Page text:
Press Story

Britain should follow the lead of eleven other EU countries and sign up to a financial transaction tax on shares, bonds and derivatives, according to a new report to be published next week by the think tank IPPR.

The report quotes estimates suggesting the tax could raise up to £20bn and argues that for a number of years £10bn of the funds raised should be used to capitalise a proper British Investment Bank that would invest in infrastructure projects and lend to small and medium-sized business, so helping to return the economy to sustained growth. In the short-term, excess funds could be used to reduce the deficit, so easing pressures for cuts in welfare and departmental spending.

The report shows that stamp duty on UK shares (at 0.5%) brought in just £2.8bn last year but brought in £4.2bn before the 2008 economic crash. It argues for extending this to cover all trading of bonds and equities (at 0.1%) and the trading of derivative products (at 0.01%).

The report shows that more than 30 nations have implemented various forms of financial transaction tax. The UK has a 0.5% stamp duty on equities and the US has a tax on equities (0.0013%) and securities futures (flat fee of $0.004). The other 28 countries are: Argentina, Australia, Austria, Belgium, Brazil, Chile, China, Finland, France, Greece, Hong Kong, Indonesia, India, Ireland, Italy, Malaysia, Morocco, Pakistan, Peru, Portugal, Russia, Singapore, South Africa, South Korea, Switzerland, Taiwan and Turkey. When the 11 nation European financial transaction tax is introduced, the above will expand to include Estonia, Germany, Slovakia, Slovenia and Spain.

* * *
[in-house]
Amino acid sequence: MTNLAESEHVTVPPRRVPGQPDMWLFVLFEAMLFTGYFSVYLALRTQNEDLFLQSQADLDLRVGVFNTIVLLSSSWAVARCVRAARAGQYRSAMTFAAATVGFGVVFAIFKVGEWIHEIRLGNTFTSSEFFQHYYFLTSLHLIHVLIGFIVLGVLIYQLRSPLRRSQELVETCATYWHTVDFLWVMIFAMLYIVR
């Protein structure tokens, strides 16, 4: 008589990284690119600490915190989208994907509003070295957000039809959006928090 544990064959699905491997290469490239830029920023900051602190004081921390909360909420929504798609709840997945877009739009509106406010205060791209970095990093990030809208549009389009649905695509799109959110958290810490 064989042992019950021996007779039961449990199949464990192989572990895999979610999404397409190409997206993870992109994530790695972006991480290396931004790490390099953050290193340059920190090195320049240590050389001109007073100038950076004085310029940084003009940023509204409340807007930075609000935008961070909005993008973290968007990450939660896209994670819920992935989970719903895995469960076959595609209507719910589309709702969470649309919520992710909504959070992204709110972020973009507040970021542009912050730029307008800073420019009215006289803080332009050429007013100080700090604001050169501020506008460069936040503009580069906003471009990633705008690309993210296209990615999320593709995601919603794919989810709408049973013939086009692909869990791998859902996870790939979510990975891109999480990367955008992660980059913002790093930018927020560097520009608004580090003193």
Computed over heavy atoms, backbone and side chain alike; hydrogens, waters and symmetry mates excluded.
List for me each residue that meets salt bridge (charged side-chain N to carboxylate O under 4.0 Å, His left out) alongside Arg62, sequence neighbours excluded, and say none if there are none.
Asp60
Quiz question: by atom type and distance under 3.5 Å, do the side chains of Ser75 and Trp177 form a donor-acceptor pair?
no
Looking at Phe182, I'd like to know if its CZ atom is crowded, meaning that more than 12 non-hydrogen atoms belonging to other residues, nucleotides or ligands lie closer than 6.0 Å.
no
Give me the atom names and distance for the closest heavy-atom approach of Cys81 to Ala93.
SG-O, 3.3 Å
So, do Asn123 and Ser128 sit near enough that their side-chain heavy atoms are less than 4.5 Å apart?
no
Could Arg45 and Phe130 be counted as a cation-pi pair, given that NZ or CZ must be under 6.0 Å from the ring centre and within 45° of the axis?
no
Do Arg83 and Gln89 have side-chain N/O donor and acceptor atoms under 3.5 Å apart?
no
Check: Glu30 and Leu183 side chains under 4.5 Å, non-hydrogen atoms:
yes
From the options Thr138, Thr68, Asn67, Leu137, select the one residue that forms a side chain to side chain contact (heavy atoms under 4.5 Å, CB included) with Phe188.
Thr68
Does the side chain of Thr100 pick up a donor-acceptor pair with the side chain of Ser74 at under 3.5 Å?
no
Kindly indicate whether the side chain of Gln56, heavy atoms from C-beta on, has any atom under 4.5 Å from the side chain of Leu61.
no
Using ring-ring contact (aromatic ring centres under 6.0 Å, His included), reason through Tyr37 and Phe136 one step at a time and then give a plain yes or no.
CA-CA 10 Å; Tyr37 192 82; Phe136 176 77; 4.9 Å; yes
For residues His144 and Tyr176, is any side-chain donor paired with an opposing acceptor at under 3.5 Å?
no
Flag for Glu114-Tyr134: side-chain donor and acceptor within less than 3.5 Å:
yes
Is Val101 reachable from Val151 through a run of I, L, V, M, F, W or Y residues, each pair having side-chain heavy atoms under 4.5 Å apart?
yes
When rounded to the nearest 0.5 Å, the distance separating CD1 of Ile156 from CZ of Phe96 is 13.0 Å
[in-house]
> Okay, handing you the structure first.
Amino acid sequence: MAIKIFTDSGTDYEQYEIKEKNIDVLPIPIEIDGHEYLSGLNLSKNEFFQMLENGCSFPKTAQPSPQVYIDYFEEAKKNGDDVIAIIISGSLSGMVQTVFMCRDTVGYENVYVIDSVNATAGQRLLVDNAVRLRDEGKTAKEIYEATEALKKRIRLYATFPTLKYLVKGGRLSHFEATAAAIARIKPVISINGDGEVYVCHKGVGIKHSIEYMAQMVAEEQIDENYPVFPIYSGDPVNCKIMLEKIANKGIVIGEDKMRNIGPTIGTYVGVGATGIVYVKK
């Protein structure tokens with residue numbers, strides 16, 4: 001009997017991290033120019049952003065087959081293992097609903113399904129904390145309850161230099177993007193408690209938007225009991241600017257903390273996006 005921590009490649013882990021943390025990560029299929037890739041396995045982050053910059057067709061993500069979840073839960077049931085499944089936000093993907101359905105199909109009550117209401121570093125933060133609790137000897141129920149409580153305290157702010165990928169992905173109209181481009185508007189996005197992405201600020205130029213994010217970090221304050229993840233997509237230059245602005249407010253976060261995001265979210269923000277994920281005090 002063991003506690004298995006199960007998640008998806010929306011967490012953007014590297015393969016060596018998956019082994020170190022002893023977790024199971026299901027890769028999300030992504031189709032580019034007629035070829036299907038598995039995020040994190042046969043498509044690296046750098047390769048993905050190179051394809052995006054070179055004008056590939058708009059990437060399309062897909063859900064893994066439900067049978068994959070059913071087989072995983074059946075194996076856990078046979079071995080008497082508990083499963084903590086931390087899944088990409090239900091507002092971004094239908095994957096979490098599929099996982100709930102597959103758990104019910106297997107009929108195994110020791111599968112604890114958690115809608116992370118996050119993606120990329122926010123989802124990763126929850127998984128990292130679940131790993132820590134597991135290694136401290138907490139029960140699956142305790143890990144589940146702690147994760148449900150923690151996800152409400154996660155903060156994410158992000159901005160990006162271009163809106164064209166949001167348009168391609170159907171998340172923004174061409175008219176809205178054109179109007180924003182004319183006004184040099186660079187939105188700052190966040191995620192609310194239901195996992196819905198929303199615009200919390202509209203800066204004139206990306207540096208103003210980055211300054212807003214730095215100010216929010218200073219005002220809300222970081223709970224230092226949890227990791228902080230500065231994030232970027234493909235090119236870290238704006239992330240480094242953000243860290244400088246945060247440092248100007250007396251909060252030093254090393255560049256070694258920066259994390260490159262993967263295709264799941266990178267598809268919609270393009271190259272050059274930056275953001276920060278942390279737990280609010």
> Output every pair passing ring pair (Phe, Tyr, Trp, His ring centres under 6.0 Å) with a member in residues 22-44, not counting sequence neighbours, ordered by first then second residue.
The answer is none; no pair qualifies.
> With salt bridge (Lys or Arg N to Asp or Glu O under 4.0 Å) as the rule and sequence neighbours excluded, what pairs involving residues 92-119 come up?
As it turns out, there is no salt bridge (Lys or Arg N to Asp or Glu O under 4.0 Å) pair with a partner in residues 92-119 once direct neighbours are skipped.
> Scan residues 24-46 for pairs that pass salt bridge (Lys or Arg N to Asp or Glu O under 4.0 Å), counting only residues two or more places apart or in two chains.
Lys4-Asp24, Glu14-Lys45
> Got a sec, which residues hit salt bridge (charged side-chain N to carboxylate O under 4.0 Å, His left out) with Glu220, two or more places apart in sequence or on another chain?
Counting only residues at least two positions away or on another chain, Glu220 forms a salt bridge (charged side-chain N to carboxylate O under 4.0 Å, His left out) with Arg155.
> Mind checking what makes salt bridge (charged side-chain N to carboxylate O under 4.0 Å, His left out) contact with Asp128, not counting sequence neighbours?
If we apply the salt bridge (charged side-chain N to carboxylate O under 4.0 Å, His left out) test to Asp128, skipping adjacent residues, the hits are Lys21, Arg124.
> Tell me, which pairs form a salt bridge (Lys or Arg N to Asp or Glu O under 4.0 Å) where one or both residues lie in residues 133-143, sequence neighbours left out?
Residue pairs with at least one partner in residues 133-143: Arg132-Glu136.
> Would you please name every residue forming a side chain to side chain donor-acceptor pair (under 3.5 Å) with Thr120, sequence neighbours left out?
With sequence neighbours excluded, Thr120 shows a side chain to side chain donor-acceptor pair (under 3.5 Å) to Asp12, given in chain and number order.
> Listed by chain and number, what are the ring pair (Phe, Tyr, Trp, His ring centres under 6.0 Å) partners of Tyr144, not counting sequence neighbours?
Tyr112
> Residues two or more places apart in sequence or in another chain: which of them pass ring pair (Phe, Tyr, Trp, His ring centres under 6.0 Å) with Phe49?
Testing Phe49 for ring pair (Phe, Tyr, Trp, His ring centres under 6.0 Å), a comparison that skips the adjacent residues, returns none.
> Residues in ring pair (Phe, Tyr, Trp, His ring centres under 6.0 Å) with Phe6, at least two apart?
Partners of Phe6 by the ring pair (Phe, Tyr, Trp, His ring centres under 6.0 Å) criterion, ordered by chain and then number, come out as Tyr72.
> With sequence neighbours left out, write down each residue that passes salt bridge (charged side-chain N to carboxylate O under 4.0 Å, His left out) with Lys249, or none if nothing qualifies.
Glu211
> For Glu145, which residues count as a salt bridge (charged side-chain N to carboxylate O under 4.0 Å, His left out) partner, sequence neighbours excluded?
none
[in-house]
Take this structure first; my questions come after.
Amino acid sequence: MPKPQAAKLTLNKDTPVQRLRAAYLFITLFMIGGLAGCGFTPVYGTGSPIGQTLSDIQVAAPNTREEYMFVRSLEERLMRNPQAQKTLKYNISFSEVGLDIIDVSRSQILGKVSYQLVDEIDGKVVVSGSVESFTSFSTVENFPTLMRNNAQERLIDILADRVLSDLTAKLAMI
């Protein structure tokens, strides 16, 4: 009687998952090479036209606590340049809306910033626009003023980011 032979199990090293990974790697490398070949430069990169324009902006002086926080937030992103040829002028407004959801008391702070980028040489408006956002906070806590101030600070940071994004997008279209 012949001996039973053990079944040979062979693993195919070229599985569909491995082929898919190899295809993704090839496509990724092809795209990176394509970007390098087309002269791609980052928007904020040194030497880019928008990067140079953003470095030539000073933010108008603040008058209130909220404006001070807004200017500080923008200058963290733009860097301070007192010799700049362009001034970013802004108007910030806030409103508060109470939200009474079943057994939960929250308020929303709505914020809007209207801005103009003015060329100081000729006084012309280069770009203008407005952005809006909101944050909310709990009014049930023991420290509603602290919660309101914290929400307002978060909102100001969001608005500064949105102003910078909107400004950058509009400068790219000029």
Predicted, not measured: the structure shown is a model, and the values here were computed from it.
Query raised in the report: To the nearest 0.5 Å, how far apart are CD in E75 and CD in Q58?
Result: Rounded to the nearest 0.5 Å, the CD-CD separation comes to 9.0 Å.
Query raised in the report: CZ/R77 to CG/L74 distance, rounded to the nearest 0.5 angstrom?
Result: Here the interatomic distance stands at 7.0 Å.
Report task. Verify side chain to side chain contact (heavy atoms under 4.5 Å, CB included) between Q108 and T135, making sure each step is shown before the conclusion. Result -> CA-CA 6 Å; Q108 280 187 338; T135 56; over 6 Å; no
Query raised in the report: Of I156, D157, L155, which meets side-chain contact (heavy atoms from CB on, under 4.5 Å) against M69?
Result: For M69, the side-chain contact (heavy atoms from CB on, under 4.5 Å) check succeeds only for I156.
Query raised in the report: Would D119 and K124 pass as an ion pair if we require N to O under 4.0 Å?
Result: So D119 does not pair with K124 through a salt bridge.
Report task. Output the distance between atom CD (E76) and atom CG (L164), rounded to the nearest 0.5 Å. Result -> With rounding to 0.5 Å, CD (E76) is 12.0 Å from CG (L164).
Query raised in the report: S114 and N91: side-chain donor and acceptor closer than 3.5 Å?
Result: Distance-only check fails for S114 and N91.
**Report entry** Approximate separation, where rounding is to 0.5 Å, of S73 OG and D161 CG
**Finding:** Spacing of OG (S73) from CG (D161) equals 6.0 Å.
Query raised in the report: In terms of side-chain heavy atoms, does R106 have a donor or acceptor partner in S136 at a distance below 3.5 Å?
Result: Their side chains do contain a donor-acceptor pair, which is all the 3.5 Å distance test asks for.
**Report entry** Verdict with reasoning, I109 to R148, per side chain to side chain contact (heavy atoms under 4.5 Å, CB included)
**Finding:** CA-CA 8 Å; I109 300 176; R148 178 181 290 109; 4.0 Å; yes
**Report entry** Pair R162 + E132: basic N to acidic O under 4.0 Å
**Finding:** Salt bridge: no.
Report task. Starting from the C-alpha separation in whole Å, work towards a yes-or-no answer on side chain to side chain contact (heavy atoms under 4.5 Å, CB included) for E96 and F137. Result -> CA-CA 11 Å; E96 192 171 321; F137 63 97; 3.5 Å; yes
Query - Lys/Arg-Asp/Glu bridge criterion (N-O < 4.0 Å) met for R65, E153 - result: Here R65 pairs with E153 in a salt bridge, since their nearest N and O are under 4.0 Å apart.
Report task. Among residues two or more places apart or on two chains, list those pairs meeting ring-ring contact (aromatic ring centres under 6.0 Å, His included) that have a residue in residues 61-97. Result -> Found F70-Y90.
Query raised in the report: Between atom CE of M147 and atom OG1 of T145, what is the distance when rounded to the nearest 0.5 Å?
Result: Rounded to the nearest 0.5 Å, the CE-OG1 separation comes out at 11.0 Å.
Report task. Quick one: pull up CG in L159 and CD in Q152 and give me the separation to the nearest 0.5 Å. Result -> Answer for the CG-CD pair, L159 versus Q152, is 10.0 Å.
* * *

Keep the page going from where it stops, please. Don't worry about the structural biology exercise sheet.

IPPR Chief Economist, Tony Dolphin, said:

"This week, Business Secretary Vince Cable made the case for kick starting economic growth by investing in infrastructure projects while the Prime Minister made the case against unfunded tax cuts and borrowing for spending.

"This new report makes the case for raising revenue, tackling the deficit and investing for growth. There is an alternative, and this is it. The British economy needs new economic priorities and economists must expose the political fantasy that the only options are more borrowing or deeper cuts. We can raise more revenue, tackle the deficit and kick start economic growth at the same time."

Notes to Editors

IPPR's new report - New priorities for British economic policy - will be available here.


Tim Finch, 07595 920 899,

Richard Darlington, 07525 481 602,